Incoming funds: Analysts ask govt to put home remittances to good use

Tax fears, mistrust of govt keep overseas Pakistanis away from incentive schemes.

Saad Hasan July 09, 2013
Tax fears, mistrust of govt keep overseas Pakistanis away from incentive schemes. CREATIVE COMMONS


For quite some time analysts and businessmen have been pressing the government to introduce schemes and incentives, which could help channel home remittances towards productive investment avenues.

But industry officials say that most of the money sent home by overseas Pakistanis is being consumed by daily expenditure and whatever little is saved goes to buying real estate.

“Average size of a single remittance is between Rs50,000 and Rs60,000,” said Farooq Ahmed Soomro, SVP Home Remittances Marketing and Development Wing of National Bank of Pakistan (NBP). “Almost 90% of the families receiving money fall in this category.”

Around 5.9 million Pakistanis working abroad are sending home in excess of $12.7 billion, which has become a mainstay of the country’s balance of payments. However, there are no substantial studies available that explain the consumption pattern of remittances.

“It would be wishful thinking on our part to assume this cash can somehow be diverted for investment in capital goods in a big way,” said Soomro, who is part of an NBP team which handles 10% of all the remittances coming to Pakistan.

A general fear of taxes and mistrust of politicians has also discouraged expatriate Pakistanis from documenting the transactions, he said. “This means we at banks can’t offer them too many schemes. For an investment scheme to work, we also want to know how secure an expatriate job is. All these things make this complicated.”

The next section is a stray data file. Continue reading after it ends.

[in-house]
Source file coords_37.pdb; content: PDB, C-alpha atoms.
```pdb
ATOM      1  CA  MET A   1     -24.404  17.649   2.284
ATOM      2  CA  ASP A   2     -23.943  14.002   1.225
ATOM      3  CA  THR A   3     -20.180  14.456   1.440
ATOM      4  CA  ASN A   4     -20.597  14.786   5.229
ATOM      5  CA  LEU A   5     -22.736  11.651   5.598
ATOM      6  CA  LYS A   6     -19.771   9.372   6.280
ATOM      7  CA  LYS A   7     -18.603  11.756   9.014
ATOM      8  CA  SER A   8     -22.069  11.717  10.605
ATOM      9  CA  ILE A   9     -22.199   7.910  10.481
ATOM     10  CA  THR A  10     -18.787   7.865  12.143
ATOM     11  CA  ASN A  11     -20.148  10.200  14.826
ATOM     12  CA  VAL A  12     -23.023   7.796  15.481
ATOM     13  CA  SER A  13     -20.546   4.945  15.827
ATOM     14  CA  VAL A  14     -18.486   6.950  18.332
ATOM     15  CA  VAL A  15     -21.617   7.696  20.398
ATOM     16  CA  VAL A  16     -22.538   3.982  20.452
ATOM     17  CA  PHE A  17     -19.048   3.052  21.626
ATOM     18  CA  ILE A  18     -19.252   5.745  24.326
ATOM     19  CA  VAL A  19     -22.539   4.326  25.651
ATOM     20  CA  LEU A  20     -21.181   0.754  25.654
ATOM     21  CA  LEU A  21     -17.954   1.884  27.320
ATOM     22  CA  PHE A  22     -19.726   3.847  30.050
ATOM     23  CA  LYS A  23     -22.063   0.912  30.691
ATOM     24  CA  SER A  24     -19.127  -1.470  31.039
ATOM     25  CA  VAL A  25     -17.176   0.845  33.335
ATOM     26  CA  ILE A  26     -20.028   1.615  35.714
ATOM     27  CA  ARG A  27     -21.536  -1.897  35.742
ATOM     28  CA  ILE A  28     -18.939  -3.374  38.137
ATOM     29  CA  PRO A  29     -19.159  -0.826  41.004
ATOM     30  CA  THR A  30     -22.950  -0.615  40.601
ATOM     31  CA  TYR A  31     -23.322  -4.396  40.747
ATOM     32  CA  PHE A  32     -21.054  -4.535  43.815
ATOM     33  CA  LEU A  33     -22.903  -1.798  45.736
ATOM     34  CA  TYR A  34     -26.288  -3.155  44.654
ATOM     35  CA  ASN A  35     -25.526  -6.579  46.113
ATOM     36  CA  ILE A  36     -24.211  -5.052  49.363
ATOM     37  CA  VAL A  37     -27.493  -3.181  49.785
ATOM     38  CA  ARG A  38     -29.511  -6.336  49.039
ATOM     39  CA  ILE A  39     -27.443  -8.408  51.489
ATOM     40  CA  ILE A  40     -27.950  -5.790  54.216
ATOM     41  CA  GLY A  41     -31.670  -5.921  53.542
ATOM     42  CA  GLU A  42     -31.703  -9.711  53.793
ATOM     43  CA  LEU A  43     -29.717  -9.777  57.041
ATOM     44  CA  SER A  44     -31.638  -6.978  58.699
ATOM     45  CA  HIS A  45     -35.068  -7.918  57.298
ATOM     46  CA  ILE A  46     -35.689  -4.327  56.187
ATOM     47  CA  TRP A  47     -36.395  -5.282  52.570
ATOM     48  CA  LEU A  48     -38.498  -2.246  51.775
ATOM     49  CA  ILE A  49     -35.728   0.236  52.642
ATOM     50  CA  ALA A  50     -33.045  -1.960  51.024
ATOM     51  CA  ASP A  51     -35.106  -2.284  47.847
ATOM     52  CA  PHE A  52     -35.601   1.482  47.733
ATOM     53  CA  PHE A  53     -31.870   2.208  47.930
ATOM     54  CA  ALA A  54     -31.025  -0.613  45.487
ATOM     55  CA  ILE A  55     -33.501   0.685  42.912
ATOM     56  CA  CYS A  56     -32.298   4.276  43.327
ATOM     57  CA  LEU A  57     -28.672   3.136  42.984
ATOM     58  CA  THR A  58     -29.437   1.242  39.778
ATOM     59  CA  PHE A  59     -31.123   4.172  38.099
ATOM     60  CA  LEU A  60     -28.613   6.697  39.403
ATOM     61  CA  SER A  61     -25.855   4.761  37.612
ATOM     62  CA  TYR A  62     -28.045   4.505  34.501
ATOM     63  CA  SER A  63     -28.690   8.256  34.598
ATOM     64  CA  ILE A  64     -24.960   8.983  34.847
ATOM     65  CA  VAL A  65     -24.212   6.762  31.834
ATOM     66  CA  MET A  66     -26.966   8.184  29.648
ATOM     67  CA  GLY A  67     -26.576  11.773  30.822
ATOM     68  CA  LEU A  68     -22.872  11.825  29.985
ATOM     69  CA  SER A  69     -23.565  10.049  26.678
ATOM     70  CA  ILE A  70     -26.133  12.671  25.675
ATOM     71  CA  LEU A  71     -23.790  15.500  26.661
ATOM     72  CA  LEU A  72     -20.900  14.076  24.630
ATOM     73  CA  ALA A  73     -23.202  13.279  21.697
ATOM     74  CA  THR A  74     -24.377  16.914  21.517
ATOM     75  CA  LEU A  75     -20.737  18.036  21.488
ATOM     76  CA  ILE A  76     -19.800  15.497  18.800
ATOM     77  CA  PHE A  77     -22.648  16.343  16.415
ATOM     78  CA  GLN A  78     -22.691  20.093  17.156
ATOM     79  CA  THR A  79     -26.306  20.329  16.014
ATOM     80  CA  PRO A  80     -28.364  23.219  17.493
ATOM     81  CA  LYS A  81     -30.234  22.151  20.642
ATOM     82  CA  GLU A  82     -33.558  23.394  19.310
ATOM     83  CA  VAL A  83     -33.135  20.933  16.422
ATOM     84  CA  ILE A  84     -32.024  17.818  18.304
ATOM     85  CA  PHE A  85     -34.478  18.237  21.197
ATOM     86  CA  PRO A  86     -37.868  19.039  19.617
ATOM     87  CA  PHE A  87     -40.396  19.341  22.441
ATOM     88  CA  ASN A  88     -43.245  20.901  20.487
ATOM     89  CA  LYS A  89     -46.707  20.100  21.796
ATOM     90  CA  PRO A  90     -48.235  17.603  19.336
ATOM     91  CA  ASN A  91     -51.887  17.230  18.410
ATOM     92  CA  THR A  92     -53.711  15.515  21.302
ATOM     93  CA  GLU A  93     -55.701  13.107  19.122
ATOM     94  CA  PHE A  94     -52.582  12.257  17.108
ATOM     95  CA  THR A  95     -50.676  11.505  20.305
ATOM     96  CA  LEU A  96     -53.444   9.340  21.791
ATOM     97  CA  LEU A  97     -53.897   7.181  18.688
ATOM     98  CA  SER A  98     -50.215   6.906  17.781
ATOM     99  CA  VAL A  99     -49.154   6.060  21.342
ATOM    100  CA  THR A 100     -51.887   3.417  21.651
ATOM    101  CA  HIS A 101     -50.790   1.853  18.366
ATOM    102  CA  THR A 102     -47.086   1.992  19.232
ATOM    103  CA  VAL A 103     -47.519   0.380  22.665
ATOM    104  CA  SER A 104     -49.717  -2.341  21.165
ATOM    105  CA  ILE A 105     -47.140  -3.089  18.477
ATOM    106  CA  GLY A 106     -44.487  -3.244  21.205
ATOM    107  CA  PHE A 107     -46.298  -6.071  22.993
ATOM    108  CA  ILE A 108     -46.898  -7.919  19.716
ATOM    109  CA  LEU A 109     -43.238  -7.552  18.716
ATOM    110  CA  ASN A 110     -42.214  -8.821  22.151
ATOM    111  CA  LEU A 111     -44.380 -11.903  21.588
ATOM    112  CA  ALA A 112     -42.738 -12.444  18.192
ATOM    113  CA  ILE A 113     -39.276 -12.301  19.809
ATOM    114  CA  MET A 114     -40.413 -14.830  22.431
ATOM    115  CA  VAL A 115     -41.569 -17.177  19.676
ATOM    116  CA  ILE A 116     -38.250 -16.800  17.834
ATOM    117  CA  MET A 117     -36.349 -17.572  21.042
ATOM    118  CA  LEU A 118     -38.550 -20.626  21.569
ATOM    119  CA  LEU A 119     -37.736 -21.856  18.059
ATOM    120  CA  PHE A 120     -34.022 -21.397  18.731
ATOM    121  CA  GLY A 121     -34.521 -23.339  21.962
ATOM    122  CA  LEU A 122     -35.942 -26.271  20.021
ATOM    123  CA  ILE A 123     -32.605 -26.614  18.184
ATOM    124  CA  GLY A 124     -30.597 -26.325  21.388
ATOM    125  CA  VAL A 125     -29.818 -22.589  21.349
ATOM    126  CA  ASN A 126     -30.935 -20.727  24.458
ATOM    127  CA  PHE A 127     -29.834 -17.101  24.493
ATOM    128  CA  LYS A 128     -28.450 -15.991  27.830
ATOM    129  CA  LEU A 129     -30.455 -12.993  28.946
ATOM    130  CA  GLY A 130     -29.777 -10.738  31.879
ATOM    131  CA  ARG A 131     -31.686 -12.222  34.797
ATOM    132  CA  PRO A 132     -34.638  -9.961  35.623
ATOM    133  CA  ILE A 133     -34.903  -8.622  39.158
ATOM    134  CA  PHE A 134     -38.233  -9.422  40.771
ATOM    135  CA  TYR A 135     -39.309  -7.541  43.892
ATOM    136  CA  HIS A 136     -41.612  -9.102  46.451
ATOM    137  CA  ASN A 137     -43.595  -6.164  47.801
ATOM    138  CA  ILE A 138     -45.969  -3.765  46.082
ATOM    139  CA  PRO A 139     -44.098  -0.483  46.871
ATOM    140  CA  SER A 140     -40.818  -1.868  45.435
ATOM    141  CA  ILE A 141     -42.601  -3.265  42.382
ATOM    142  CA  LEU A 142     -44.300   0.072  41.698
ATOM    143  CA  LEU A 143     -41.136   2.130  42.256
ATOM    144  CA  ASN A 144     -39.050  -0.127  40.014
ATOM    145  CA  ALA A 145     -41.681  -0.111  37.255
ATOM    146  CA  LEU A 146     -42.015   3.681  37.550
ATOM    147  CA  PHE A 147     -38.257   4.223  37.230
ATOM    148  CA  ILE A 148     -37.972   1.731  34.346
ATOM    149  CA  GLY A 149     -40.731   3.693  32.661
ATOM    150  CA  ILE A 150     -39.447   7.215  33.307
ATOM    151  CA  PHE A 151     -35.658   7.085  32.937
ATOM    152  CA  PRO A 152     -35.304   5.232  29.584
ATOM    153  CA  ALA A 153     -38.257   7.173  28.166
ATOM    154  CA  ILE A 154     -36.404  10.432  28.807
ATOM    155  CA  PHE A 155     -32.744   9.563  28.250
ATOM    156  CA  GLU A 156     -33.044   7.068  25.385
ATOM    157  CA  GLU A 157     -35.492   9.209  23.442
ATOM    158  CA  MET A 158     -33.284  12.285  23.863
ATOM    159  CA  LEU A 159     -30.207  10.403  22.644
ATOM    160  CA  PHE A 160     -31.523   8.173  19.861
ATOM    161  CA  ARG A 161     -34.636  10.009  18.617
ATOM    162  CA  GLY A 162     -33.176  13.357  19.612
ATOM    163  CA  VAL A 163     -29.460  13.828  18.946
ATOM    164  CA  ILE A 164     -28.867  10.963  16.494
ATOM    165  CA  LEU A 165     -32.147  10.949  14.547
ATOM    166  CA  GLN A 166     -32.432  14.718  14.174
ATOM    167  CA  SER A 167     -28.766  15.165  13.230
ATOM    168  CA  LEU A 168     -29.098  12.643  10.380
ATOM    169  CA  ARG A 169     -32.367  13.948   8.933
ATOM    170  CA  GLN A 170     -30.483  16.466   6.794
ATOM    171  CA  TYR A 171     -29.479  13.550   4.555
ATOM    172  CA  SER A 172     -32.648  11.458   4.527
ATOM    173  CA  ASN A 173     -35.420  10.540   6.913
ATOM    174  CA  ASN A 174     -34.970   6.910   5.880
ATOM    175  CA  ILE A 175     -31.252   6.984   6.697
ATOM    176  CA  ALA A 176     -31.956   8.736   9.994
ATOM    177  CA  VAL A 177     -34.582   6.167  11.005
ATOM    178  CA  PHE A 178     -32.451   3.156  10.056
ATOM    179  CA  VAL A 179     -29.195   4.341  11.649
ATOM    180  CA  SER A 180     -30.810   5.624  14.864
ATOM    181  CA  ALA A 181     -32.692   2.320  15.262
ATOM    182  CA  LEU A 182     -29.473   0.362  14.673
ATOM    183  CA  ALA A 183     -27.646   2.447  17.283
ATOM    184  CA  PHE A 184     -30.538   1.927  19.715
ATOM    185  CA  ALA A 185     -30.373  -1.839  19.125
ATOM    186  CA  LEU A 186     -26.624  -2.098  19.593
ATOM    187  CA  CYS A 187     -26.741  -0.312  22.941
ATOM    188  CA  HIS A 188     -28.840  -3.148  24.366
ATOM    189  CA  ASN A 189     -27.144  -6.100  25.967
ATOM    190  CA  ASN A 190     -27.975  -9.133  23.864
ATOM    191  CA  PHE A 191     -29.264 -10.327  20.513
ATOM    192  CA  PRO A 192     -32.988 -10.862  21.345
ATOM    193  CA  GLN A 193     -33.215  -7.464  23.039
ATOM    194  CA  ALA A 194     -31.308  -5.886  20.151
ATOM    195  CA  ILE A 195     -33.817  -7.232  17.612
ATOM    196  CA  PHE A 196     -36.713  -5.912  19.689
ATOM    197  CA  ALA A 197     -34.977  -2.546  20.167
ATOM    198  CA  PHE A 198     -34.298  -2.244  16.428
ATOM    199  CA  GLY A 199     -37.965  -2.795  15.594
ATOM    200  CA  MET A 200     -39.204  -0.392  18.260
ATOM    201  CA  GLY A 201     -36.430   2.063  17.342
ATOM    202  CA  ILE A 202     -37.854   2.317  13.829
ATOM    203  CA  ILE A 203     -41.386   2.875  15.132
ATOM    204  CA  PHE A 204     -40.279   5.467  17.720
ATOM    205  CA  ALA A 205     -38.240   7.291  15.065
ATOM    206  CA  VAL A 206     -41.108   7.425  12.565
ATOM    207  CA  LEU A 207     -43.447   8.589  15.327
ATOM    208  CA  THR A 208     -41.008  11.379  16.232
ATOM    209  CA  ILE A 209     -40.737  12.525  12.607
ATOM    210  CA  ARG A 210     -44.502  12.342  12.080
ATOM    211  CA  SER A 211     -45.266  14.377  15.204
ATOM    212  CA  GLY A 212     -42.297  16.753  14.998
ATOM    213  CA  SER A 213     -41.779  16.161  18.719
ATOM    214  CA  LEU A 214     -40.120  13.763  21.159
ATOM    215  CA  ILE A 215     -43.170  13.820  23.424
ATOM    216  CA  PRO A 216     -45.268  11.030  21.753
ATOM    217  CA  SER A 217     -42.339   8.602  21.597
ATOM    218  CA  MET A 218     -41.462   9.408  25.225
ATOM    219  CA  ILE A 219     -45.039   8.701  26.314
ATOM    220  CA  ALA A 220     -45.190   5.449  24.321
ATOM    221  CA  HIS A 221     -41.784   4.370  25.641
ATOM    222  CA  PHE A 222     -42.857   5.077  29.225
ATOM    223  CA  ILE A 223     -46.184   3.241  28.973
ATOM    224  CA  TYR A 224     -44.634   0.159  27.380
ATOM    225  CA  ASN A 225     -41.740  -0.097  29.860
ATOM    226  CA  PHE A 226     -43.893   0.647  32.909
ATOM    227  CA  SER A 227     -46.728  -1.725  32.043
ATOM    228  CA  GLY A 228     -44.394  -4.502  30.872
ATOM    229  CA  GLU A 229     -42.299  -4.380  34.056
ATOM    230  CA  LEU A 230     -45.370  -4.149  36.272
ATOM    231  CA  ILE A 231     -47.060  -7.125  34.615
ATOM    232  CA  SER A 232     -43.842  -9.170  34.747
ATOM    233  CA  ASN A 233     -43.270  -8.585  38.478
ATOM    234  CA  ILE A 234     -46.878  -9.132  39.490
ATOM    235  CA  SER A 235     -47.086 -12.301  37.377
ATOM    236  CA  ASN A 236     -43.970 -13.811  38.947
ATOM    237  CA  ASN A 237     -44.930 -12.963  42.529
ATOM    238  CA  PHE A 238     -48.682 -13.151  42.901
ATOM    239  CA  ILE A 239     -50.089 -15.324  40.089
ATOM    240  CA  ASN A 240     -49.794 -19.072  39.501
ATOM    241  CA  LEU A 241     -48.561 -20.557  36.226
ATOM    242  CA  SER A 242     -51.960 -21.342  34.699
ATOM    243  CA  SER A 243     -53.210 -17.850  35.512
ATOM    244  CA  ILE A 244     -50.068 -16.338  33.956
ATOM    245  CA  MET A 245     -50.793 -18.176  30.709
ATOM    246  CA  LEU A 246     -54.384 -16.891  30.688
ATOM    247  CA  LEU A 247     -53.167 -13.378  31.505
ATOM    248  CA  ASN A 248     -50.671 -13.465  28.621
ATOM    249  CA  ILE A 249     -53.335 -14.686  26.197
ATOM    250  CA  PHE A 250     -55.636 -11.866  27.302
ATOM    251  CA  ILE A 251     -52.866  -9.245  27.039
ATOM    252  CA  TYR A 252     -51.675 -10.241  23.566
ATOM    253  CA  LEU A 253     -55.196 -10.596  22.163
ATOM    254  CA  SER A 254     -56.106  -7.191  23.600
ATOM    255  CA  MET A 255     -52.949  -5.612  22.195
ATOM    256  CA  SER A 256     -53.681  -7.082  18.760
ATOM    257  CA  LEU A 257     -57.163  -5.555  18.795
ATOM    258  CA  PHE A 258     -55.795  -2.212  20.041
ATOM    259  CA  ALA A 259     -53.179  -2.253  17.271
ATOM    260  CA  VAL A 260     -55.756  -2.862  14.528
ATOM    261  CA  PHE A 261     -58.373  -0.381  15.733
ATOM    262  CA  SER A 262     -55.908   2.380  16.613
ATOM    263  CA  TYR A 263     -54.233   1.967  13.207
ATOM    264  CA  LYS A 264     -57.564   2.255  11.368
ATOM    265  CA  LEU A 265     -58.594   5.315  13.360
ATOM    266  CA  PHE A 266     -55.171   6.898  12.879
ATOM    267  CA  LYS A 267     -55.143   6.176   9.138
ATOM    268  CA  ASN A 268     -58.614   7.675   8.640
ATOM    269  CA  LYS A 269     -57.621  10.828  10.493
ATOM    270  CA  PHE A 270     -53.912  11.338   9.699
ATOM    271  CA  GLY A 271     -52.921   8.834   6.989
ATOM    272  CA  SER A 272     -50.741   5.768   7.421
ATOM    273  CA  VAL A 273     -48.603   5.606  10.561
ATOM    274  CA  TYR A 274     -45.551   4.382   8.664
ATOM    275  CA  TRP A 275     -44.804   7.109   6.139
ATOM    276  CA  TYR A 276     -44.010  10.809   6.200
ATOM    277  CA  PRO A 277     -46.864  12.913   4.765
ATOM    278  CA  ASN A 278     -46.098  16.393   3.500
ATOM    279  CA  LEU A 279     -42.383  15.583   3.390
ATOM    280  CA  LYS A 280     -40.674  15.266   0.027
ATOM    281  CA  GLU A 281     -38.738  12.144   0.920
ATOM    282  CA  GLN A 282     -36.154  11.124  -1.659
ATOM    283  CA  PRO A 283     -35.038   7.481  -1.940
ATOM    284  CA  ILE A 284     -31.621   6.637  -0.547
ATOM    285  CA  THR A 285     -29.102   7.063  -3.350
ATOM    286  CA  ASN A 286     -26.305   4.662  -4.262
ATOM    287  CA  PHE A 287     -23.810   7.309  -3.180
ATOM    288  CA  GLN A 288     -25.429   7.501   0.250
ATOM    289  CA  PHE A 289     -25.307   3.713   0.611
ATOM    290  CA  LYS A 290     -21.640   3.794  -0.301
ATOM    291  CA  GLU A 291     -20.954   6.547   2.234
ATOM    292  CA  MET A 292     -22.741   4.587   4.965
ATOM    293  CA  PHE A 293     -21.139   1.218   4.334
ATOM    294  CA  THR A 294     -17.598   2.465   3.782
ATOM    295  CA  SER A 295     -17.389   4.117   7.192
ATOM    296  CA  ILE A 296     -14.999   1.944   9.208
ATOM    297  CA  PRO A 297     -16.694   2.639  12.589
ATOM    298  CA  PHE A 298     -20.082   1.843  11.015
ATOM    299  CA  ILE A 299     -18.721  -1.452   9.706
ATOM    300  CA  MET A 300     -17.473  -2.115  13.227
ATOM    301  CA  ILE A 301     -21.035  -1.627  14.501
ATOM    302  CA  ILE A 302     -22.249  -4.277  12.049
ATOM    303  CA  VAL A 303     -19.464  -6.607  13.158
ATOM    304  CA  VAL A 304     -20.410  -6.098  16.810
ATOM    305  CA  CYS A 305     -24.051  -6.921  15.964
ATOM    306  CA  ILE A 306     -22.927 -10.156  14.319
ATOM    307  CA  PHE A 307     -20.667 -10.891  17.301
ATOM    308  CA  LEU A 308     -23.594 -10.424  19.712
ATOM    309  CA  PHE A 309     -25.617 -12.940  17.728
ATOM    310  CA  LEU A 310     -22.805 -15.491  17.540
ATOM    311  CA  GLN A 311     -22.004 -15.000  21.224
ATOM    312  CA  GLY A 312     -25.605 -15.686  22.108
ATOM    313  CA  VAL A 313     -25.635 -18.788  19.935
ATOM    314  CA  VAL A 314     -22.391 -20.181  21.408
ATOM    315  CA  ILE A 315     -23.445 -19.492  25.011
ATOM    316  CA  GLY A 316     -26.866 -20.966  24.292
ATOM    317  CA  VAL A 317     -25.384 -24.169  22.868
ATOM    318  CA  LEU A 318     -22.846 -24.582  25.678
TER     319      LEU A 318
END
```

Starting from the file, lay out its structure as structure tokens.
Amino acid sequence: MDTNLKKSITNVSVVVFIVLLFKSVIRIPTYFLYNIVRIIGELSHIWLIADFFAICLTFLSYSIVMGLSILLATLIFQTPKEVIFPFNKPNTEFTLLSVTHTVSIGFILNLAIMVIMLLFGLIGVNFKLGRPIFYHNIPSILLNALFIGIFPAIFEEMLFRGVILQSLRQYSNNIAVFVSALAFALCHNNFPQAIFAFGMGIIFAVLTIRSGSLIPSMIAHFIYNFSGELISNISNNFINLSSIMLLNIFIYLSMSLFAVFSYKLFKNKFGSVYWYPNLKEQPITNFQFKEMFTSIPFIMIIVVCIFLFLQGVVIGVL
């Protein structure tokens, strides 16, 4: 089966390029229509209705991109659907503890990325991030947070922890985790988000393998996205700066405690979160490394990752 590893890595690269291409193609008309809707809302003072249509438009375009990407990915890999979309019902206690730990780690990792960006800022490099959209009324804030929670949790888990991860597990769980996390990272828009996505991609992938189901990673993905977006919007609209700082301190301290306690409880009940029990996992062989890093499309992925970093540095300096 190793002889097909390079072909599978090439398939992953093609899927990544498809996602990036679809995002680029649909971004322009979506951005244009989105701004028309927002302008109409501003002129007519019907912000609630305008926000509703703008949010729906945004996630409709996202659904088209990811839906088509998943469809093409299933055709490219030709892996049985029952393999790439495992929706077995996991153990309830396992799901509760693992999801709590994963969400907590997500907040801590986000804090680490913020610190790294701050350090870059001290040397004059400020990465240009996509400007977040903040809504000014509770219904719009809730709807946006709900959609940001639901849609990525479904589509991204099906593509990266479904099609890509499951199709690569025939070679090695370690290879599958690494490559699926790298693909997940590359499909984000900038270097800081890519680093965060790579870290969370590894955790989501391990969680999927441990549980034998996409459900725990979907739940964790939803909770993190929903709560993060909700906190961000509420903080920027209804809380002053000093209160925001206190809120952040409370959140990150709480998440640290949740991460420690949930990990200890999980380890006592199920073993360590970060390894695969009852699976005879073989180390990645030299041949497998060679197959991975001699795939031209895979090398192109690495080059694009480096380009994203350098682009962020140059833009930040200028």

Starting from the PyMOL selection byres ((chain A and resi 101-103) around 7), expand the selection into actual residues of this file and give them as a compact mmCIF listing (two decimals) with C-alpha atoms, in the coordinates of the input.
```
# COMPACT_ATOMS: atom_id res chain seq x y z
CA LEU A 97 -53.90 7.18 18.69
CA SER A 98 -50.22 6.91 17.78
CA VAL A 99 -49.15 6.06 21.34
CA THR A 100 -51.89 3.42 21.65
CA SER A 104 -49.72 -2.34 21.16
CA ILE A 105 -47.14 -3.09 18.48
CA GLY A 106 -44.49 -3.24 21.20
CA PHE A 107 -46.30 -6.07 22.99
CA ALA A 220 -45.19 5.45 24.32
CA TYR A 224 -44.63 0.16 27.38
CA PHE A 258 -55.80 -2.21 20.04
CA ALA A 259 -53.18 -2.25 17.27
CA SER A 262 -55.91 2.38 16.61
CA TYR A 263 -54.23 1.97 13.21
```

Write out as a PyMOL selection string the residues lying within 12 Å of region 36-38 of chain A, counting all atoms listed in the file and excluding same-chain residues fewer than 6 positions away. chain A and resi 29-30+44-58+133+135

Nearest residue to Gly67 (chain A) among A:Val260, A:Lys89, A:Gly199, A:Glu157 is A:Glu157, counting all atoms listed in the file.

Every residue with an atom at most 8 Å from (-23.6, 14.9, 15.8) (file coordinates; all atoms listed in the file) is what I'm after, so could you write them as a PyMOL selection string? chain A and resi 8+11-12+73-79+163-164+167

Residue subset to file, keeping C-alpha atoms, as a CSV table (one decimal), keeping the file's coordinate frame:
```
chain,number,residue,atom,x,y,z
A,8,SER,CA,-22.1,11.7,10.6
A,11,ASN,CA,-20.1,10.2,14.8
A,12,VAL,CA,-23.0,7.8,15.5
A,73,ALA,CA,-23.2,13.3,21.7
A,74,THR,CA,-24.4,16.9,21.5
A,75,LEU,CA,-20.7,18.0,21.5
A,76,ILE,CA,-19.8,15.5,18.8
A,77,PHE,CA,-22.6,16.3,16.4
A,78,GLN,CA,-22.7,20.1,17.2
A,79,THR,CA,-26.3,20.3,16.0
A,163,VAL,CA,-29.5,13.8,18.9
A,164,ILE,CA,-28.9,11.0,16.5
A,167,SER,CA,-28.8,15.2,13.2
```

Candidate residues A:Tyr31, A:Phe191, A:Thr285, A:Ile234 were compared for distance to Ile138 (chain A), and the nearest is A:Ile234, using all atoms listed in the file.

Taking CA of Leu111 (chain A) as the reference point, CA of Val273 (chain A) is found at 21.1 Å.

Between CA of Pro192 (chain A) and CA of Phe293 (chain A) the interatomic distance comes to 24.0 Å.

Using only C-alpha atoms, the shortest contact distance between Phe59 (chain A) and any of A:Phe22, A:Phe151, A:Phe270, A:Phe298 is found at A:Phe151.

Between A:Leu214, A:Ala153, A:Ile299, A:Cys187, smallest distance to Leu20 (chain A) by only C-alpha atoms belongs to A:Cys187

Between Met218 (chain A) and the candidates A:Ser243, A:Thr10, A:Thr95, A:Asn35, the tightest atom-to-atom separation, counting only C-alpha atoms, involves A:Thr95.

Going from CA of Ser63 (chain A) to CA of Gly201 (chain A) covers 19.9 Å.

Soomro believes that expatriates invest in property once in few years. “That is when he sends money to his brother or wife to buy a house or renovate it.”

At the government level, just a few schemes have been introduced over the years to stimulate investment from expatriates and almost all of them were executed by the Overseas Pakistanis Foundation (OPF) in the real estate sector.

The OPF has 85,000 overseas Pakistanis on its record who account for roughly $1 billion in remittances. These are the people who disclose their home remittances.

“Just 2,000 of them hold our Platinum cards, which means they remit $50,000 or more every year,” said Mustafa Haider, Deputy Director of OPF. “Most of the people send home between $2,500 and $5,000 annually. They have Silver cards and number around 36,000.”

Expatriates who send between $25,000 and $50,000 and have Gold Plus cards are 3,500, Gold card holders who remit $10,000 to $25,000 are 33,000 and Silver Plus category including those sending $5,000 to $10,000 are 10,000.

“The cards offer them small incentives like they can bring in television sets and enjoy easier clearance at Pakistani airports,” Haider said. “One reason many are hesitant about sharing remittance details is probably that some of them are illegal residents.”

Bitter past experiences also discourage overseas Pakistanis from holding investments at home like seizure of foreign currency accounts after 1998 nuclear tests, he said.

Exchange Companies Association of Pakistan President Malik Bostan also concurs that average size of a remittance transaction remains small between $500 and $1,000 a month.

“Yes, some of the money is being spent in real estate. If you talk about our exchange company (Pakistan Exchange) then most of the money goes to Gujrat, Jhelum and Gujranwala. Many shopping plazas and flats have been built in these cities from this money,” he said.

The government would need to earn the trust of overseas Pakistanis if it wants to use remittances for its own investment requirement, he said. “People have a bad past experience as no one has tried to keep check on fake housing and ponzi schemes, which surface from time to time.”

Nevertheless, a boom in the stock exchange and real estate markets haven’t missed the attention of expatriates.

Shafi Jakvani, who heads Citi Associates, a property consultancy, says if he handled 1,200 transactions in the past year then at least 10% were related to expatriates directly buying property here.

“Unfortunately, we don’t have a database but if only the record of DHA’s Phase 9 development is analysed, we will find many NICOP (National Identity Cards for Overseas Pakistanis) holding buyers who have bought the plots,” he said.

Published in The Express Tribune, July 10th, 2013.

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